I have had pain in my shoulder for over 2 years. My doctor booked me for this procedure to figure out what the next step of treatment is. I had the procedure done on my shoulder last week and other than a bit of discomfort, I got through it fine. The nurse and then the doctor explained everything before they started and when the doctor started the procedure he gave me the first round of lidocaine but I still felt everything. He then gave me another shot of lidocaine and I was fine. All I felt was a lot of pressure. After the procedure, I had an MRI which went fine as well. They told me I'd have a lot of discomfort for the next couple of days, however, I have had no pain in my shoulder whatsoever. In fact, my shoulder hasn't felt this good in over a year. I plan on discussing this with my doctor but can't see him for another 2 weeks for the results. I would recommend this procedure to people but my advice would be not to panic as it's not that bad.
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Apr 17, 2015 @ 1:13 pm
I just had the hip arthrogram yesterday!! I don't think I took a breath from the moment the needle began entering my skin. I would suggest taking a pain med at least an hour prior. I took one, but did not kick in in time. When it was time for the MRI I was feeling no pain. Today, very sore when walking, and some clicking going on. I can only take baby steps at work.
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May 29, 2015 @ 5:17 pm
Was anxious about the arthrogram however turns out it was unjustified. First I had a regular MRI, then went to radiology lab to have the dye injected. I had a great doctor and didn't feel anything. I watched the whole procedure, joked with staff and then went back down for another MRI. After the procedure, I went back to work, went to dinner and have had no side effects. So--don't worry!! The toughest part is staying still for the MRI.
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Jun 23, 2015 @ 7:07 am
I agree this was painful during the procedure, my issues occurred the following morning, left shoulder was in extreme pain, could barely lit my left arm and of course I'm left handed.
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Jul 24, 2015 @ 2:14 pm
I had the dye injection in my hip and it honestly hurt a lot. They used a skin anesthetic and lidocaine but once the needle was in they didn't help. I held on hard to the nurse's hand the entire time. I don't know if I could do it again. The procedure seemed to take 5-10 minutes which felt like a long time since I was in pain. I was stiff and tender that night and tired. I felt better in the morning. Hopefully it's not so bad for others.
Mrs. Peacock
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Aug 3, 2015 @ 11:11 am
I had an arthrogram performed on my right wrist last week and it wasn't as bad as I thought. I've been reading all kinds of horror stories so I was mentally prepared. It hurt but not bad. I just laid there with my eyes closed and took deep breaths. The whole procedure, including the actual imaging, only took a couple of hours. After that, I went home and rested my hand the rest of the day. It still hurt for the next few days but nothing like I thought it was going to be. Good luck to everyone who's reading this :)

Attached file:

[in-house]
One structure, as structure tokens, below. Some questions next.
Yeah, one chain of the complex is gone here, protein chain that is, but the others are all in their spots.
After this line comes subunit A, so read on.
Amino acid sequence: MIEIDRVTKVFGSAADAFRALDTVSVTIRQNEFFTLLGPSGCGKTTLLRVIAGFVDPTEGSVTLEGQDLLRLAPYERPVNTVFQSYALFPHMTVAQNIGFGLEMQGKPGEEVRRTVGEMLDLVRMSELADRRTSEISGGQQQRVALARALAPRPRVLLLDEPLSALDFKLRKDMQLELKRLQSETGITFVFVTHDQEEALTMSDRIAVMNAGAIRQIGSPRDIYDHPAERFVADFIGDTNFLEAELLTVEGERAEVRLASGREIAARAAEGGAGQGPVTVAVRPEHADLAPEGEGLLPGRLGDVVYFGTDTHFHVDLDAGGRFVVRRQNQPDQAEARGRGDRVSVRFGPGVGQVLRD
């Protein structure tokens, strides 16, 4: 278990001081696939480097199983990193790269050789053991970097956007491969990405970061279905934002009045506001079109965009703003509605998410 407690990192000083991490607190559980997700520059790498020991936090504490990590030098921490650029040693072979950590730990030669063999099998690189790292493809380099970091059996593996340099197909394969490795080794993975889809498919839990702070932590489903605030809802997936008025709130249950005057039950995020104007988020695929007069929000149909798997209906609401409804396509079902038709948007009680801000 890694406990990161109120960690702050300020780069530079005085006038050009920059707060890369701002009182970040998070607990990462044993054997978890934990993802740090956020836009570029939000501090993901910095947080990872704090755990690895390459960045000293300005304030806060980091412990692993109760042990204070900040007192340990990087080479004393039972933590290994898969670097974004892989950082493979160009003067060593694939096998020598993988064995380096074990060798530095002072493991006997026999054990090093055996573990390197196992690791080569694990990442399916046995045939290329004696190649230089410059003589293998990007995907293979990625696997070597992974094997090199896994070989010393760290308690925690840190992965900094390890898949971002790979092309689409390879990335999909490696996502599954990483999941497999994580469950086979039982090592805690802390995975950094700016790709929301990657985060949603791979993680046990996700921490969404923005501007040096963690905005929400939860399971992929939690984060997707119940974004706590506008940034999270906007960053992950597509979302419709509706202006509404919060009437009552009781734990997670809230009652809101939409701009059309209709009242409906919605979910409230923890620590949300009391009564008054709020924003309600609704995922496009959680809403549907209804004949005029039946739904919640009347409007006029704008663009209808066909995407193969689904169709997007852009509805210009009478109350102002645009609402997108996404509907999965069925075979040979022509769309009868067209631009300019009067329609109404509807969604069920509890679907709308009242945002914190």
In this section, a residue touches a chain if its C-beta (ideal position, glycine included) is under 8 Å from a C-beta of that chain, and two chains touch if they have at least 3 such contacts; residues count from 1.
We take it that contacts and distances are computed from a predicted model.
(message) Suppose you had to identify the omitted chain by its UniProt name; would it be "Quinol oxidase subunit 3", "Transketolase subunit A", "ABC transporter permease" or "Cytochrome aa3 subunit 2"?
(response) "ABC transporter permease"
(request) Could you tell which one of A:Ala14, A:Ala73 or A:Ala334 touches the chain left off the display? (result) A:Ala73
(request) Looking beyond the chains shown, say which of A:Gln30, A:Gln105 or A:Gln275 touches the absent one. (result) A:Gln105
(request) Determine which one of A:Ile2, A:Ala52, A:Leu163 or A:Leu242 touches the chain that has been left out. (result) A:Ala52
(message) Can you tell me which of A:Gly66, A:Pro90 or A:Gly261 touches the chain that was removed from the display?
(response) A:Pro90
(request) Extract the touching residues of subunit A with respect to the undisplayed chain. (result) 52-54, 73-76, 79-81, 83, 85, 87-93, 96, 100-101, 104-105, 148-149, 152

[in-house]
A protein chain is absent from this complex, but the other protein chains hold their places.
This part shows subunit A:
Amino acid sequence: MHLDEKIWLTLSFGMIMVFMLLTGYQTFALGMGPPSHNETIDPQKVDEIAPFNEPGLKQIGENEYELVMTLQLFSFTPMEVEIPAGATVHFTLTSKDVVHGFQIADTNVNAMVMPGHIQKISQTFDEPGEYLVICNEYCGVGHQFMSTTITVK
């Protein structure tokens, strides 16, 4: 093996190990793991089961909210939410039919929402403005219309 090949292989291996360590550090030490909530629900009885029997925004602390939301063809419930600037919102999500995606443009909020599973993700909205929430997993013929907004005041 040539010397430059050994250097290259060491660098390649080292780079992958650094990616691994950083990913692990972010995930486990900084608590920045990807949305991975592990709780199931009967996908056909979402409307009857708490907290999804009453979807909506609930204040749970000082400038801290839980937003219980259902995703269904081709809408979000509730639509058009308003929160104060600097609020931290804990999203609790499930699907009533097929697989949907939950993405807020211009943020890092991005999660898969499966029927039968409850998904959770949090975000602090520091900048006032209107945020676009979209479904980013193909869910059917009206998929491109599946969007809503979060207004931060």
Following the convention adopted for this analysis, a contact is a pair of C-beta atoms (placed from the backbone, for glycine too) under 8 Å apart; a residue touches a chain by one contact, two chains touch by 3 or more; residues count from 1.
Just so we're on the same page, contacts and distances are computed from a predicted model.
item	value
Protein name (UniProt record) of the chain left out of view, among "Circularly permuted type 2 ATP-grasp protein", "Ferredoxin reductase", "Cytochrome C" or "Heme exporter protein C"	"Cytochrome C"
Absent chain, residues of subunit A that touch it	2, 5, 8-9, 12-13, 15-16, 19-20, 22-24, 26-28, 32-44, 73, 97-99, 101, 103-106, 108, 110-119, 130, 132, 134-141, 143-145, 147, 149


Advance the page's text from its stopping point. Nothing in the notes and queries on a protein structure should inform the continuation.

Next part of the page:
Angelina Graves
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Aug 7, 2015 @ 4:16 pm
I had an injection in my hip today at noon. I have very littl pain. Th doctor at Parma,hospital
Was wonderful. I can.t believe some of the stories I have read.
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Sep 11, 2015 @ 6:18 pm
Hello all. Had an MRI in my hip today, and I have anxiety, I didn't feel this way with my first injection, all though The procedure was pretty much the same, i had no anxiety the first time, but I am experiencing it this time. I think key info is, try your very hardest to remain calm before the procedure, nervousness and adrenaline only make it worse. Try having a nurse close by to talk you through it, and it Wil be over before you know it. I have no pain, i have iced my hip every hour since the procedure and I am taking it easy, walking lil by lil, but not by any means over doing it. I wish you all the best with your results.
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Sep 13, 2015 @ 4:16 pm
I had a phloroscopy injection into the hip socket under ct to last week, I had the worst experience, I felt as though I was passion out,I had severe nausea, I couldn't walk afterwards without help as I became week and disoriented, I was put in a recovery bed afterwards for 2 hours because I felt so bad,I am still having nausea and it's been a week also electric shocks In my leg,I am never ever doing this again ever
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Sep 23, 2015 @ 4:16 pm
I'm also a nurse and to be honest I've had so many ops I don't even bother researching peoples experiences, just the procedure itself. Everyone's experience is personal to them and I don't usually get too caught up in others perception. However, for those of you who are more sensible than myself and read others opinions - well done. The first few jabs are pretty painless, you feel them but not too bad at all compared to the shoulder pain itself. I've had frozen shoulder for 2 years which ain't pain free. I found the dye pretty painless also but if you decided to go ahead with it please be prepared for excruciating pain as the gas and saline are injected in. I have never hyperventilated or passed out in my life but did both. I think if I had been more mentally prepared and possibly taken some analgesia I would have done better. Just my opinion mind. Good luck all who go ahead 😃